“multiple large…cysts within the sacral spinal
canal…[t]he larger of the cysts are causing blatant
compression of adjacent sacral nerve roots.” (Tr. at
341). On March 13, 2012, Dr. Feigenbaum performed
Plaintiff's fourth spine surgery, specifically
reoperative laminectomies, treatment and wrapping of cysts,
and sacral laminar reconstruction with resorbable plating.
of 2012, Plaintiff reported continued symptoms, and underwent
wound reexploration and retreatment of the right S3 nerve
root Tarlov cyst due to fluid collection at the surgical
site. (Tr. 401, 455, 480). Examinations later in June 2012
were largely normal. (Tr. 401, 455). On October 1, 2012, Dr.
Feigenbaum indicated that Plaintiff could return to
“limited work” with specific lifting, bending,
and climbing restrictions. (Tr. 403-04, 530). The form Dr.
Feigenbaum completed had an option to release Plaintiff to
“full-time work” with restrictions or
“limited work” with restrictions. (Tr. 403-04,
530). Dr. Feigenbaum did not indicate that Plaintiff could
return to full-time work with the same restrictions at any
future time. (Tr. 403-04, 530).
followed-up with primary care provider Dr. Stephen J. Rettig,
M.D. throughout the relevant period. (Tr. 447-48). Dr. Rettig
prescribed powerful opiates, specifically Fentanyl and an
escalating dose of Oxycontin, and opined in treatment notes
that Plaintiff could work part-time. (Tr. 444-48). In
December of 2012, Dr. Rettig completed a treating source
medical opinion indicating limitations that would allow
Plaintiff to work part-time, but not full-time. (Tr. 492-96).
reported continued pain in February, March, and June of 2013.
(Tr. 541-49). She reported “severe pain”
exacerbated by sitting for long periods. (Tr. 546). She
indicated in June of 2013 that “pressure” in the
low back was gone, but had continued discomfort, lower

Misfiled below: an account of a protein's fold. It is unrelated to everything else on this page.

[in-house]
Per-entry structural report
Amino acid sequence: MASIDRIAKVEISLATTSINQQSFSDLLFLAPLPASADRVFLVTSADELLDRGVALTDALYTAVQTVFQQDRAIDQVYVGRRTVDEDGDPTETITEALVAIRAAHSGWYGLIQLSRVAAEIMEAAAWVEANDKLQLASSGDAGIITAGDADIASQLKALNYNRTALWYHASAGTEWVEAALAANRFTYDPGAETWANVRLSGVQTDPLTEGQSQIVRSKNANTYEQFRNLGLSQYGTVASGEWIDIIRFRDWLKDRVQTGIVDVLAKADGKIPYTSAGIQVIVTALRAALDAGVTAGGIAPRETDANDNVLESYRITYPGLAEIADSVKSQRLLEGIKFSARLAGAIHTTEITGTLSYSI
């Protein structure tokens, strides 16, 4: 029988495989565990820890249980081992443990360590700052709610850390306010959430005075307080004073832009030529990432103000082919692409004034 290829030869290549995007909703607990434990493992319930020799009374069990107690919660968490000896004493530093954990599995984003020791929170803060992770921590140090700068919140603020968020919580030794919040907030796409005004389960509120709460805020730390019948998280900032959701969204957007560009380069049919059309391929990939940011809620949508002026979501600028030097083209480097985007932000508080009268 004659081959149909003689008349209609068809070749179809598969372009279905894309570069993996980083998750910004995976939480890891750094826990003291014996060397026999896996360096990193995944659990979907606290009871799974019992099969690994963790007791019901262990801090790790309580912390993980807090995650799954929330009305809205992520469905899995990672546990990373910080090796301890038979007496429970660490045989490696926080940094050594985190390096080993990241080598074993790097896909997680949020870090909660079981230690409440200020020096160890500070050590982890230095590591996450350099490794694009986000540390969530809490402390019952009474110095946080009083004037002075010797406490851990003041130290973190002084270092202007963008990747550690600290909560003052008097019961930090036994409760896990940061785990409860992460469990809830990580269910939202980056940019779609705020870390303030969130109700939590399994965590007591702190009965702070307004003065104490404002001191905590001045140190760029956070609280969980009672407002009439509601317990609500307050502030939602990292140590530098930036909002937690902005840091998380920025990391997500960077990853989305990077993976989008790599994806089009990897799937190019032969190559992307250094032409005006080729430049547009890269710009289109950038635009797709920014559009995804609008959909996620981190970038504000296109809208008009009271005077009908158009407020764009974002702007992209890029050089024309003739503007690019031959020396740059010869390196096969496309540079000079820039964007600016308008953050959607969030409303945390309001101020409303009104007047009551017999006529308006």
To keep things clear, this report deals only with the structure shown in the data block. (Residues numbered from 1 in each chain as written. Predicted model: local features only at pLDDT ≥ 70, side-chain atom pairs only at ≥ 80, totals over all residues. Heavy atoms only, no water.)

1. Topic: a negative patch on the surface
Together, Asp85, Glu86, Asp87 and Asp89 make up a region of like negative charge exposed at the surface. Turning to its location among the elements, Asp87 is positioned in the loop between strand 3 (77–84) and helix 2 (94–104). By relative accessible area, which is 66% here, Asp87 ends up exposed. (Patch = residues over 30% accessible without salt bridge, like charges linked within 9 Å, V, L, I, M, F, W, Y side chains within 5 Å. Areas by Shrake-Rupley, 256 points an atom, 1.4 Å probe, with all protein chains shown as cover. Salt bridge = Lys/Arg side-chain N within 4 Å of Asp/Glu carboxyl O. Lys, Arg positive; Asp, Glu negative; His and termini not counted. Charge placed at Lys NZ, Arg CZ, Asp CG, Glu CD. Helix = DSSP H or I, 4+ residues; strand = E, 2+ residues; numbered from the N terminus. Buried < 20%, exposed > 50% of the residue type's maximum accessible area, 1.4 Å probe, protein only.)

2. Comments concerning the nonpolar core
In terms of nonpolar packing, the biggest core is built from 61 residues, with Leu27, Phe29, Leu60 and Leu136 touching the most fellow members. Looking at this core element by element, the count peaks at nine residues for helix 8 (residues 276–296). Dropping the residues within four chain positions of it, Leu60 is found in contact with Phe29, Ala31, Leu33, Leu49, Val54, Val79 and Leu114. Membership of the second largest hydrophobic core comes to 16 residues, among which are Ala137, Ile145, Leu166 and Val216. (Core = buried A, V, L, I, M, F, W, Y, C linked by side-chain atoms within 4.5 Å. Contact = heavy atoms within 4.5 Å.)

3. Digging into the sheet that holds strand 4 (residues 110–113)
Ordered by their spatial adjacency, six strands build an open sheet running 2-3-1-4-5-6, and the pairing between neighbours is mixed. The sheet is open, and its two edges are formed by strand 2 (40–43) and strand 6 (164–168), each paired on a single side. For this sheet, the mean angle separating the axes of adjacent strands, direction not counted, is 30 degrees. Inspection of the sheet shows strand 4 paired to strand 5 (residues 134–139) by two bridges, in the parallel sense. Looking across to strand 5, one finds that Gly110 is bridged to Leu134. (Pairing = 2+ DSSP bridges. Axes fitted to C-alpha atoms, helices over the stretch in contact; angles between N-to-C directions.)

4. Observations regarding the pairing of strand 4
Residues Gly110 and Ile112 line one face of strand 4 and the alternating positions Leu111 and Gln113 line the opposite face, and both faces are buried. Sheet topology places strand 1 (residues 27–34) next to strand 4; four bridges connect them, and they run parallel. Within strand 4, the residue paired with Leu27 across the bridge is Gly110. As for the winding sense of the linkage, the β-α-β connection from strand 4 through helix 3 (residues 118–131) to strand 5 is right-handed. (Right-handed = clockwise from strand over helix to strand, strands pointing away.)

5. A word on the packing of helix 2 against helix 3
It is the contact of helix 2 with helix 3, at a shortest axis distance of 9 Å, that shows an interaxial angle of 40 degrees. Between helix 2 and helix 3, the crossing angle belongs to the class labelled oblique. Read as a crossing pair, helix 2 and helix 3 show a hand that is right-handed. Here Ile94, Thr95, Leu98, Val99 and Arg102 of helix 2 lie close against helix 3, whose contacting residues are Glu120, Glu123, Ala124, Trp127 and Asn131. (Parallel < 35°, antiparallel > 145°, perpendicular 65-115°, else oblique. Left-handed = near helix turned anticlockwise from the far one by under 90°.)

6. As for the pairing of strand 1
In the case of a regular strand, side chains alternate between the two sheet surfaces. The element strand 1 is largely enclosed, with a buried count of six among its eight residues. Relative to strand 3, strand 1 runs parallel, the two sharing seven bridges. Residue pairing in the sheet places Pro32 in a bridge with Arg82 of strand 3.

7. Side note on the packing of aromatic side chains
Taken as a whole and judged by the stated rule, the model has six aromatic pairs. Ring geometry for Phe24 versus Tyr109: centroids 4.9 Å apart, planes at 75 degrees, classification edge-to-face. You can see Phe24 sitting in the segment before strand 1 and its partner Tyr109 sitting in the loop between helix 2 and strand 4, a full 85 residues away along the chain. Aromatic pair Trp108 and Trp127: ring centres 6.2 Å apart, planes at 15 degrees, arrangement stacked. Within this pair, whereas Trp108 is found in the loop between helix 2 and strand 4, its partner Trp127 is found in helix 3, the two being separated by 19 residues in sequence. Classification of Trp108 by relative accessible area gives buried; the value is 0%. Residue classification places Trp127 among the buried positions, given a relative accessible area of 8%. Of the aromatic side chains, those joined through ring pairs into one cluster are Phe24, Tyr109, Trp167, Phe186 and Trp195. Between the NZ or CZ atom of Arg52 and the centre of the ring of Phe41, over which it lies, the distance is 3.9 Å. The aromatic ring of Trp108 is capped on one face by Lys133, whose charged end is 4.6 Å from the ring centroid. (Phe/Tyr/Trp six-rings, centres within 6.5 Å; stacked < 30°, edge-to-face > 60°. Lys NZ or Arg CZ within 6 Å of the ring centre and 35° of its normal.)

extremity numbness, and “great stress because of
chronic pain.” (Tr. 541-49). Dr. Rettig increased
amitryptiline for chronic pain and depression and continued
Percocet and tramadol. (Tr. 542). In December of 2013,
Plaintiff reported breakthrough pain exacerbated by walking
long distances and physical examination indicated decreased
strength. (Tr. 676). Dr. Rettig increased Oxycontin to 20mg
three times a day. (Tr. at 677). In January and February of
2014, Dr. Rettig noted Plaintiff's continued complaints
of pain (Tr. 663-69). Examination indicated that Plaintiff
was “getting up and down from chair because of chronic
pain as we sit and talk.” (Tr. 664). She
“look[ed] miserable as usual, flat affect seems to be
near tears frequently.” (Tr. 669). Plaintiff reported
that the pain was “uncontrollable” and
“present all the time.” (Tr. 665). Dr. Rettig
noted “chronic pain on high doses of opiates without
adequate control, side effects of meds limiting further
dosing, will wait on opinion from [the] surgeon before
deciding on changing meds.” (Tr. 665).
April of 2014, Plaintiff underwent consultation with pain
management specialist Dr. Talal Ghazal, M.D., who observed
pain, decreased sensation, strength, and range of motion,
along with asymmetric, abnormal, and antalgic gait. (Tr.
702). Plaintiff reported pain while sitting, standing,
bending, and twisting. (Tr. 702). Dr. Ghazal diagnosed
post-laminectomy syndrome and consideration of a spinal cord
stimulator because opiates had not relieved her pain. (Tr.
April of 2014, Dr. Rettig authored another opinion directly
addressing Plaintiff's ability to work on a continuing
and regular basis. Dr. Rettig opined that Plaintiff could
sit, stand, and walk for less than four hours combined out of
an eight hour workday, would need frequent periods of walking
around during the work day, should never lift any amount,
would need to elevate her legs, was limited in performing
postural activities, and would be absent more than four times
per month. (Tr. 693-97).
of 2014, Plaintiff appeared and testified to continued
constant pain while sitting, standing, and performing other
activities, along with side effects from her medications.
18, 2014, an ALJ issued the decision rejecting Dr.
Rettig's medical opinions and ...